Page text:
lastochka wrote:

Emmanuel wrote:

perimeter of equilateral triangle = 3R*3^1/2 (R - external circle) and perimeter = 6r*3^1/2 (r - internal circle)=> p(small) = 3R*3^1/2, p(large) = 6R*3^1/2 => p(large) = 2*p(small).

Can you explain that in plainer terms?

Lastochka, if you have an equilateral triangle and consider an inscribed circle, you get: p = 6*r*[3^1/2], where r is the radius of the circle, p is perimeter of the triangle. This is true because (how to explain it in simplier words?

) the radius of inscribed circle r = (dist^2 - (a/2)^2)^1/2, where dist - distance between any vertex of the triangle and its center, a = length of its side. dist = a/3^1/2, since there is a triangle with sides: (dist, dist, a) and greatest angle of 120. => r = a/(2*3^1/2). Since p = 3a => p = 6r*3^1/2.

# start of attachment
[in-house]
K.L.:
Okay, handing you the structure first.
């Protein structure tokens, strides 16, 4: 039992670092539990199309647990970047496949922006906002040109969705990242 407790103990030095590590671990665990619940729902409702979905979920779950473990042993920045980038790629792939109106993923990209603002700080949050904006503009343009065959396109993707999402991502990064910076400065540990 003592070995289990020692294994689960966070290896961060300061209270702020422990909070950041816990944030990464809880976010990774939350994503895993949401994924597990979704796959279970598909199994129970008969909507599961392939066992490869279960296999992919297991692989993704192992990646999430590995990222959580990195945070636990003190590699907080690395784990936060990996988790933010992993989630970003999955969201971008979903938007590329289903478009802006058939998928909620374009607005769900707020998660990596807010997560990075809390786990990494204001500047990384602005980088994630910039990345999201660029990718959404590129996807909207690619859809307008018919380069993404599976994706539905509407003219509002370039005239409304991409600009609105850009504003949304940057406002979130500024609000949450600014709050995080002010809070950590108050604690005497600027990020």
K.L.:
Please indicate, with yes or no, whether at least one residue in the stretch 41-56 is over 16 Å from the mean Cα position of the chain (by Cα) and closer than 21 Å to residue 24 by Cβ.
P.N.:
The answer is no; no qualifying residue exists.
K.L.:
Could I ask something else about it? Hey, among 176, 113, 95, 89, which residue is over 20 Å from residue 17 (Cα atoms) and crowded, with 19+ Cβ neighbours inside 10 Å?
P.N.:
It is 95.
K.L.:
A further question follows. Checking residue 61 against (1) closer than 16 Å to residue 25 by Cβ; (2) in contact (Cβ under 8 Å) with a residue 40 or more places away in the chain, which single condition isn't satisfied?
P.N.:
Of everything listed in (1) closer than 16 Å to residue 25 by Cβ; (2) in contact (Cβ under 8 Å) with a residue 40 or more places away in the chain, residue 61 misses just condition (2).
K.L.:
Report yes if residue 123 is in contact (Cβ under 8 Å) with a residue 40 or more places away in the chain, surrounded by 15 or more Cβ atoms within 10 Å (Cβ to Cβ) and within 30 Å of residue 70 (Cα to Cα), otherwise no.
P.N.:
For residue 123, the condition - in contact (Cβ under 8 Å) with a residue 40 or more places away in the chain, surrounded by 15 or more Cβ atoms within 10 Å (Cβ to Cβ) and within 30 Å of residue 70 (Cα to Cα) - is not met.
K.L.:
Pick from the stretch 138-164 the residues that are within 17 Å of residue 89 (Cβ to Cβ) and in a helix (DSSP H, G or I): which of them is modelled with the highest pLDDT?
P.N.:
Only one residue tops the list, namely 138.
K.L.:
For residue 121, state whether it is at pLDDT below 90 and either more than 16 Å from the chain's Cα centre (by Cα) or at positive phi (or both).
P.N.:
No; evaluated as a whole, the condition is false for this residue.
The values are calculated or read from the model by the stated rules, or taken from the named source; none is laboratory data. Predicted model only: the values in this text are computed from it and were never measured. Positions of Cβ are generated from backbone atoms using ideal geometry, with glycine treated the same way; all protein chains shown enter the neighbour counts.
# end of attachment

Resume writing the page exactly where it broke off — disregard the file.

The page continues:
if you have an equilateral triangle which is CIRCUMscribed in a circle, then if R - its radius, a is the length of the side of this trianle, => R = a/3^1/2. The logis is similar: R = dist(which was defined previously), R = a/(3^1/2). => p = 3*a {sum of all sides} = 3*R*3^1/2.

The solution is straightforward now, since we have 1 circle, which is INscrideb in big triangle and at the same time a triangle which is CIRCUMscribed in that same circle. => p(big) = 6*r*3^1/2, p(small) = 3*r*3^1/2.

I know, this solution lacks illustratin, but maybe this can help you:

Attachments

3.GIF [ 7.64 KiB | Viewed 2567 times ]